Furthermore, table 5 also shows that the yield strength and ultimate tensile strength of the ‘new process 3’ are 30 MPa and 23 MPa higher than those of the ‘new process 1’, respectively.

Also, the ‘new process 2’ results in almost the same values of room temperature impact energy and upper shelf energy as those with the ‘new process 1’. But the transition temperatures, T41J and T68J, decrease by 25° C. and 21° C., respectively

These results show that if the tempering condition is controlled properly, the strength decrease due to the intercritical heat treatment can be minimized and the increase of the impact toughness can be maximized.

When the tensile results for the ‘new process 3’ is compared with those for the ‘conventional process’, the yield strength and ultimate tensile strength decrease by only 11 MPa(2.3%) and 6 MPa(1%), respectively. However, the total elongation and reduction of area increase by 2.0%(7.3%) and 2.5%(3.5%), respectively. Also, the room temperature impact energy and upper shelf energy increase by 85J (42%) and 35J (12%), respectively, and the transition temperatures, T41J and T68J, decrease by 31° C. and 29° C., respectively.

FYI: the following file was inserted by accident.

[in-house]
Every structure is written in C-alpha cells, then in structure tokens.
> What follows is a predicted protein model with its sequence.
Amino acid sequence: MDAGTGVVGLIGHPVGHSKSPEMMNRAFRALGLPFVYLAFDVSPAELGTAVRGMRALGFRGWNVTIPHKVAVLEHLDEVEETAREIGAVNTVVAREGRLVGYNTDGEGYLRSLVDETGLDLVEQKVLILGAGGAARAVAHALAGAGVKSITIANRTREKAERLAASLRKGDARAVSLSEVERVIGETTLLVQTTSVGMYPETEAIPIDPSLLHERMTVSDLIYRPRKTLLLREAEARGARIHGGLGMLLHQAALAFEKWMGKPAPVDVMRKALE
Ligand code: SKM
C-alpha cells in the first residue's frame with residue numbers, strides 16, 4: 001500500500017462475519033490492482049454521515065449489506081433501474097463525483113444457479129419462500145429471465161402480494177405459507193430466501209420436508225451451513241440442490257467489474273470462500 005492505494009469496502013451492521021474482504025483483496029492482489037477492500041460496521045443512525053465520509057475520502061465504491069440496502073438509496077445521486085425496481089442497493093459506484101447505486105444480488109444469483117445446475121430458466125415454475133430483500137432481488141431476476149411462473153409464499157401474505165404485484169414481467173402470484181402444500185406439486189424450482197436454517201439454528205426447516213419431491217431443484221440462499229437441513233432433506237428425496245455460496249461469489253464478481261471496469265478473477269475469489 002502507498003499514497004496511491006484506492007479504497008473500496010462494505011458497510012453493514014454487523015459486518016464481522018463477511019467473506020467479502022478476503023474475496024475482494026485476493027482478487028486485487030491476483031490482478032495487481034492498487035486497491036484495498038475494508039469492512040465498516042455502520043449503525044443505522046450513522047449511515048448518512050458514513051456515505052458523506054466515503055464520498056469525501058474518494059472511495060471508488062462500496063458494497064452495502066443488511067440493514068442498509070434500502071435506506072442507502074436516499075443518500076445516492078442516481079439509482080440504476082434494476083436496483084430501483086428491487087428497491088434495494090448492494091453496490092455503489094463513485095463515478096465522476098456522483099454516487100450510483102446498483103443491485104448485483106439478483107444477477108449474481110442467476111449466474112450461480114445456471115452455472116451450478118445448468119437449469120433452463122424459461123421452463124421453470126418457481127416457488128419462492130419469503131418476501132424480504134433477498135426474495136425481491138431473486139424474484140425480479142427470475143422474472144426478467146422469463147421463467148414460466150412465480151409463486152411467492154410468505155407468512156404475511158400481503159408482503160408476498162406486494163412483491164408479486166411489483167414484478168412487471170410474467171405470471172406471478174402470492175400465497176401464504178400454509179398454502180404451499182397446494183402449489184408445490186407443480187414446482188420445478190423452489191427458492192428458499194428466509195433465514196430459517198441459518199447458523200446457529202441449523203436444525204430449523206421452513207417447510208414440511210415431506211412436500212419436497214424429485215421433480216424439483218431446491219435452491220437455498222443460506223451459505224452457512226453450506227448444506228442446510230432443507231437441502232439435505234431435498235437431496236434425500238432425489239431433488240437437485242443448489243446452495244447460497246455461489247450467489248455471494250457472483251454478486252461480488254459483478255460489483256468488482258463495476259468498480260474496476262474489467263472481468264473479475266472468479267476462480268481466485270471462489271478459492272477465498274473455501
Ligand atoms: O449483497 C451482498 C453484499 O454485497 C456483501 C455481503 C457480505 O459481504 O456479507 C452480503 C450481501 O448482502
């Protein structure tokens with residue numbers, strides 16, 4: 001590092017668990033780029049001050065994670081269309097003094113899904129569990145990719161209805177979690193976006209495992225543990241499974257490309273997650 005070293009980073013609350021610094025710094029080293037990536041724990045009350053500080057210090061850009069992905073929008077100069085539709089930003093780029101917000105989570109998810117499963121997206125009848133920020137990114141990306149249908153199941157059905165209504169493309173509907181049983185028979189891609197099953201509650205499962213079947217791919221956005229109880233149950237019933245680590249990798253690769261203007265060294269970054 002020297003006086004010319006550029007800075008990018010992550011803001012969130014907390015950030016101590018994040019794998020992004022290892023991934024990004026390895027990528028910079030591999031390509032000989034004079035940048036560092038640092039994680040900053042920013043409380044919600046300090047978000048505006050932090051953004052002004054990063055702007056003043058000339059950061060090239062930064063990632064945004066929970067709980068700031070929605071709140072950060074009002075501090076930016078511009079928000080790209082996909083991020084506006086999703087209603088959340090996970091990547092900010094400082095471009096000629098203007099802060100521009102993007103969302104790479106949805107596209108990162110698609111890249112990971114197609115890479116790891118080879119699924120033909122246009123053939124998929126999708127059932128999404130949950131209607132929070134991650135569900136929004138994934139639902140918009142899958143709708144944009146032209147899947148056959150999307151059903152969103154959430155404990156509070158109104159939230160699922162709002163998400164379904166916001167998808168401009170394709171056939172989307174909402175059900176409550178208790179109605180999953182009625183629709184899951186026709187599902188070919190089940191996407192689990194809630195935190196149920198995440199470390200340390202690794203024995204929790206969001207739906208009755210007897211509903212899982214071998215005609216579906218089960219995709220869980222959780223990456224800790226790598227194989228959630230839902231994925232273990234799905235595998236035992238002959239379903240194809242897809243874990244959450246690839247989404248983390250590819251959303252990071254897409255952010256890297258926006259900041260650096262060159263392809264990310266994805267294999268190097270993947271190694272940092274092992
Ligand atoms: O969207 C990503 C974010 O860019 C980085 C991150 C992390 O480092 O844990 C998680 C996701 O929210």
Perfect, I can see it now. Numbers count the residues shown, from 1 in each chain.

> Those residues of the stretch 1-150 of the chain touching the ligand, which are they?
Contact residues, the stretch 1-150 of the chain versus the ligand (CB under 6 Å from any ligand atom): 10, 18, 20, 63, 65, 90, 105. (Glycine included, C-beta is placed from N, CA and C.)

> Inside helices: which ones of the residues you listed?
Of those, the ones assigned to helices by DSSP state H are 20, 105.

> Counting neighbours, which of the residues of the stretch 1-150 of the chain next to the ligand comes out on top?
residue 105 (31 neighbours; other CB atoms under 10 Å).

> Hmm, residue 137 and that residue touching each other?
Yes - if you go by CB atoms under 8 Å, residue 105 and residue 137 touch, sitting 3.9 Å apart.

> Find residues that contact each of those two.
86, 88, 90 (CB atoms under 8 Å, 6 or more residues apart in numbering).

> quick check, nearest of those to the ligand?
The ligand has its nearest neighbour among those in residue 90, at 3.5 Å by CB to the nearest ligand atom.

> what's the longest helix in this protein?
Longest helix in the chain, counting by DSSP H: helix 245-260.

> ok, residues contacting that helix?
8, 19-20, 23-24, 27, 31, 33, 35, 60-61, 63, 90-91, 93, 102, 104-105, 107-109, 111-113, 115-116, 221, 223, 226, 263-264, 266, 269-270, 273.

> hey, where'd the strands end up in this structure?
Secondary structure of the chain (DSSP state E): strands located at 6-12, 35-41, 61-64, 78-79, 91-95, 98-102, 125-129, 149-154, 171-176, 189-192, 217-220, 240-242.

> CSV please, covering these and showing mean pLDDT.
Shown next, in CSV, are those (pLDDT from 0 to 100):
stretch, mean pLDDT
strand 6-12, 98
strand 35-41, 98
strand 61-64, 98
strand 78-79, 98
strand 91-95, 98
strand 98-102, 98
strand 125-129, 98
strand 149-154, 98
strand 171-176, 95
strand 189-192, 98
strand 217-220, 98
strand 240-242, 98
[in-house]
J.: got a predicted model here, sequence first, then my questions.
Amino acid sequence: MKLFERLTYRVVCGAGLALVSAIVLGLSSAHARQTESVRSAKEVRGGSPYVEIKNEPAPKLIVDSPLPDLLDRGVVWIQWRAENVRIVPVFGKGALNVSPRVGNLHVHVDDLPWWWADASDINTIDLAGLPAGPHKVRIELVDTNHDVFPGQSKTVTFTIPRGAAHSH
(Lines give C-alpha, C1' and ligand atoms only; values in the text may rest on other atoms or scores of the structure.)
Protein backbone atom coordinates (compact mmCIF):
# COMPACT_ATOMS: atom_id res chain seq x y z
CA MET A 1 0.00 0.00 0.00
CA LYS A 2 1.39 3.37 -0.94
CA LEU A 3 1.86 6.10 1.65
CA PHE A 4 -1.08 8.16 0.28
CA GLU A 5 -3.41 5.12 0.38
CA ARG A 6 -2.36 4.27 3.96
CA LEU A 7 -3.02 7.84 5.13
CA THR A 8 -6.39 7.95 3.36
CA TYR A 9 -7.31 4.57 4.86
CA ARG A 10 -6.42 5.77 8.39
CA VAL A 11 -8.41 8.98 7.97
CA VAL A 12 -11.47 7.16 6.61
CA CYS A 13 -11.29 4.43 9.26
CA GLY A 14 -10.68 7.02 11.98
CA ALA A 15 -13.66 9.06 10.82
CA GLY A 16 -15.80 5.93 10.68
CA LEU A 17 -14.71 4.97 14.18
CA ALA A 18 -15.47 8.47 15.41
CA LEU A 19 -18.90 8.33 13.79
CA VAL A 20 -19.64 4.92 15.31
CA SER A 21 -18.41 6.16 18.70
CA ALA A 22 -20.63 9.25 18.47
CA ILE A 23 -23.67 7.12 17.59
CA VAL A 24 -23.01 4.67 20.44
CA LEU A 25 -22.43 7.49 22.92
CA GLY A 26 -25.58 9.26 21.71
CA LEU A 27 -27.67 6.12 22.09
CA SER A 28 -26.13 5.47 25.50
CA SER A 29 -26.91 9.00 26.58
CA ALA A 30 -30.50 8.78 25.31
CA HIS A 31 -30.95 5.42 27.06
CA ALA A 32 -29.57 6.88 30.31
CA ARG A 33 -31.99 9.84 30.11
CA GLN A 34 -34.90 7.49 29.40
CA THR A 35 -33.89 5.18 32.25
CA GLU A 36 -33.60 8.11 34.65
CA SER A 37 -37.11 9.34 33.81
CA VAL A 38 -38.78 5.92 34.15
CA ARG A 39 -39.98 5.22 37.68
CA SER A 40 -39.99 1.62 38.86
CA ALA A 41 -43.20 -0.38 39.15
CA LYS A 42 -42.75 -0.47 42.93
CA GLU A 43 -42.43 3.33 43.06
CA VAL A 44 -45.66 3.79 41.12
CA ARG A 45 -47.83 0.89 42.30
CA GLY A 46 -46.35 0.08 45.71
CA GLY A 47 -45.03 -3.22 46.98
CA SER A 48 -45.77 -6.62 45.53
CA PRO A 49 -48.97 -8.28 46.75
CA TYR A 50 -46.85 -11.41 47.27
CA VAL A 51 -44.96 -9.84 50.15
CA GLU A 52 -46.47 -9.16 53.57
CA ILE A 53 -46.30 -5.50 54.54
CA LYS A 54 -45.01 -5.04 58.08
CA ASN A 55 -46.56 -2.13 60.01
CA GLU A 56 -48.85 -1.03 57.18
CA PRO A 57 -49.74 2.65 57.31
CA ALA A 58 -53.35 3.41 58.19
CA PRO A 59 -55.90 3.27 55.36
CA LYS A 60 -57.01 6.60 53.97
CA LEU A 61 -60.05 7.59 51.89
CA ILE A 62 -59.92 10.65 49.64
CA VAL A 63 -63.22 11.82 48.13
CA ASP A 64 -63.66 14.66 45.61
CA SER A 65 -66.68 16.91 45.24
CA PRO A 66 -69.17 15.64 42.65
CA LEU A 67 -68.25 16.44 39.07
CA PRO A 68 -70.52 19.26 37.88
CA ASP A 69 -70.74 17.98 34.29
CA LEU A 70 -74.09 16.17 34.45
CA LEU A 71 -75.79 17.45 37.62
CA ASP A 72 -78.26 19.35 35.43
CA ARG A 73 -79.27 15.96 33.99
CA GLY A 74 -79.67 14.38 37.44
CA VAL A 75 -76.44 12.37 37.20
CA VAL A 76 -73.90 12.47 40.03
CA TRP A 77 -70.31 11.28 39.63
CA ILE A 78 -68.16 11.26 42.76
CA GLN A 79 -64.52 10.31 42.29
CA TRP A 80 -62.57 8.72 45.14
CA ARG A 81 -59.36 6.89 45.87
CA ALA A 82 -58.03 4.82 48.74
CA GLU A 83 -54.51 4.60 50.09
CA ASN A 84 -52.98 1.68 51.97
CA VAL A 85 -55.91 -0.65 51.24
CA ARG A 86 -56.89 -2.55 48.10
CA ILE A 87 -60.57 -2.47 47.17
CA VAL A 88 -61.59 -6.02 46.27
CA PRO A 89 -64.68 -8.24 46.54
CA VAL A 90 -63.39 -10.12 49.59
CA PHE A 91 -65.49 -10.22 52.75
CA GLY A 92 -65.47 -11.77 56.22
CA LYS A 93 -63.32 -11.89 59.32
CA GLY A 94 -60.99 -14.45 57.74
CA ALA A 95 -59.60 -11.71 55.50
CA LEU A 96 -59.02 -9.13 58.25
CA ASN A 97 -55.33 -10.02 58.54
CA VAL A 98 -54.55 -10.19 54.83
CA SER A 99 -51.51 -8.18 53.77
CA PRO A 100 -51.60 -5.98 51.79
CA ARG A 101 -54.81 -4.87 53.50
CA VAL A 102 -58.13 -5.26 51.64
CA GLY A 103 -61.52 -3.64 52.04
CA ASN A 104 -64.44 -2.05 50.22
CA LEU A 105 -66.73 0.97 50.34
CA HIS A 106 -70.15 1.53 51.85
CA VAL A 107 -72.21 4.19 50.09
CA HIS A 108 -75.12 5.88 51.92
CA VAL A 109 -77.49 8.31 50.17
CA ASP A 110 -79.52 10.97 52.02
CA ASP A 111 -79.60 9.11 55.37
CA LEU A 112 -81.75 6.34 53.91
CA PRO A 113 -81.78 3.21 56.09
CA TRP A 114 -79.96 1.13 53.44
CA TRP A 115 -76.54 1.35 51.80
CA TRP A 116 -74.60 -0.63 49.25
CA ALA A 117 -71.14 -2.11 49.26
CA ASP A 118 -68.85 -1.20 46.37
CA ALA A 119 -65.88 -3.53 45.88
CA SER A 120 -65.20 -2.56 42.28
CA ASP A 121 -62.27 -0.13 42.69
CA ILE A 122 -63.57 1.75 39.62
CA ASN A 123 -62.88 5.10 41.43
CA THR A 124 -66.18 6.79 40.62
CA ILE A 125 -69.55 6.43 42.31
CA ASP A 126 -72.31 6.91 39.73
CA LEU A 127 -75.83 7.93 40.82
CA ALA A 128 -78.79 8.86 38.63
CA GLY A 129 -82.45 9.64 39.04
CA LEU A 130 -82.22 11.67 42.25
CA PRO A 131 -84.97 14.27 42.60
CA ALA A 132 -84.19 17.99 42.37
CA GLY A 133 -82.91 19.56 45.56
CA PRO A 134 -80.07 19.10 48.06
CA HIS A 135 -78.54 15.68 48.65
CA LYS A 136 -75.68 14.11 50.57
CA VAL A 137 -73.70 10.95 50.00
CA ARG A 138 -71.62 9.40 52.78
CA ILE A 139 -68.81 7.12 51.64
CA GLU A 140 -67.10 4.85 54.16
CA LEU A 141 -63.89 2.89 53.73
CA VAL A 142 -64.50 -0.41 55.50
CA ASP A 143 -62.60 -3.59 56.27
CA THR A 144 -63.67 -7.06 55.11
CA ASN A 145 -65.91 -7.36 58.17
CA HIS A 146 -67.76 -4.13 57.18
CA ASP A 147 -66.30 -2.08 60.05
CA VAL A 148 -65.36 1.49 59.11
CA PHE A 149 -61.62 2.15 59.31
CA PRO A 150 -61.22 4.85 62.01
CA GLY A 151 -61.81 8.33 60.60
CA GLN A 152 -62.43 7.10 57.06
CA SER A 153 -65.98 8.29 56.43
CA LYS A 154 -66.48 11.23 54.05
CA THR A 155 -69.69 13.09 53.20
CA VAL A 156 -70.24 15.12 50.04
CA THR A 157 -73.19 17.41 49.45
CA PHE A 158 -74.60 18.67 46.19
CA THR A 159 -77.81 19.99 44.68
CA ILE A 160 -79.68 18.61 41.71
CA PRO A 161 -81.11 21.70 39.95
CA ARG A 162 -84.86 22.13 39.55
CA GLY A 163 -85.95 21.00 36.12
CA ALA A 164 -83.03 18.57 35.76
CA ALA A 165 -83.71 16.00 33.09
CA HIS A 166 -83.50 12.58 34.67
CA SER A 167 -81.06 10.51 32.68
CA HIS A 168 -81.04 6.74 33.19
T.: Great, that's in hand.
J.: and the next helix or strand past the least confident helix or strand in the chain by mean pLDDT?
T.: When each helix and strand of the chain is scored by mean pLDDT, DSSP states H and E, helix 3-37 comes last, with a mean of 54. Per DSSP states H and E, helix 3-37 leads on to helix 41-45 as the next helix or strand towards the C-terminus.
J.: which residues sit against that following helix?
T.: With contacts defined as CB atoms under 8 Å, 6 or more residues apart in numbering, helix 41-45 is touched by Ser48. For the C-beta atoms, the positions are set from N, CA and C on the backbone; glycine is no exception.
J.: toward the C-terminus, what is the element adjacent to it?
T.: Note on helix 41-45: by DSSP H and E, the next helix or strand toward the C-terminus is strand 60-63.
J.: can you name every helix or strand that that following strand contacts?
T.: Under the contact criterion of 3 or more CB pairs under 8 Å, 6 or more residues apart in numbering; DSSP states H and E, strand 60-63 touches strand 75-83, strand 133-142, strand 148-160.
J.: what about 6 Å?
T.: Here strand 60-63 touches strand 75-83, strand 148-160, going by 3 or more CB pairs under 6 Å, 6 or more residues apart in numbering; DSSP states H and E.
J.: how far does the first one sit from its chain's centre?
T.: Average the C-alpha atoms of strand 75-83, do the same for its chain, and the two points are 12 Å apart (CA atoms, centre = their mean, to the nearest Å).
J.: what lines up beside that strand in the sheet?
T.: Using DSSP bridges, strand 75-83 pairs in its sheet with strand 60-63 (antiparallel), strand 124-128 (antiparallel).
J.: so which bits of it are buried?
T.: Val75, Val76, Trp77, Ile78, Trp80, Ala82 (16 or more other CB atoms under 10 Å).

FIG. 9 shows the variations of transition temperatures with respect to the degree of tempering or tempering parameter(TP):

TP=T[K]×(20+Log t[h])

wherein

TP; Tempering Parameter

T; Tempering Temperature

t; Tempering time

TABLE 4
The variations of impact properties with respect to tempering conditions.
Cooling rate =
100° C./min Cooling rate = 20° C./min Average
T41 T68 RTE USE T41 T68 RTE USE T41 T68 RTE USE
° C. ° C. J J ° C. ° C. J J ° C. ° C. J J
Conventional −57 −43 222 325 −35 −22 185 285 −46 −33 204 305
process
New Process 1 −63 −52 351 363 −42 −30 209 340 −53 −41 280 352
New Process 2 −85 −69 278 361 −50 −36 250 355 −68 −53 264 358
New Process 3 −86 −73 317 340 −69 −51 261 340 −78 −62 289 340

TABLE 4
The variations of impact properties with respect to tempering conditions.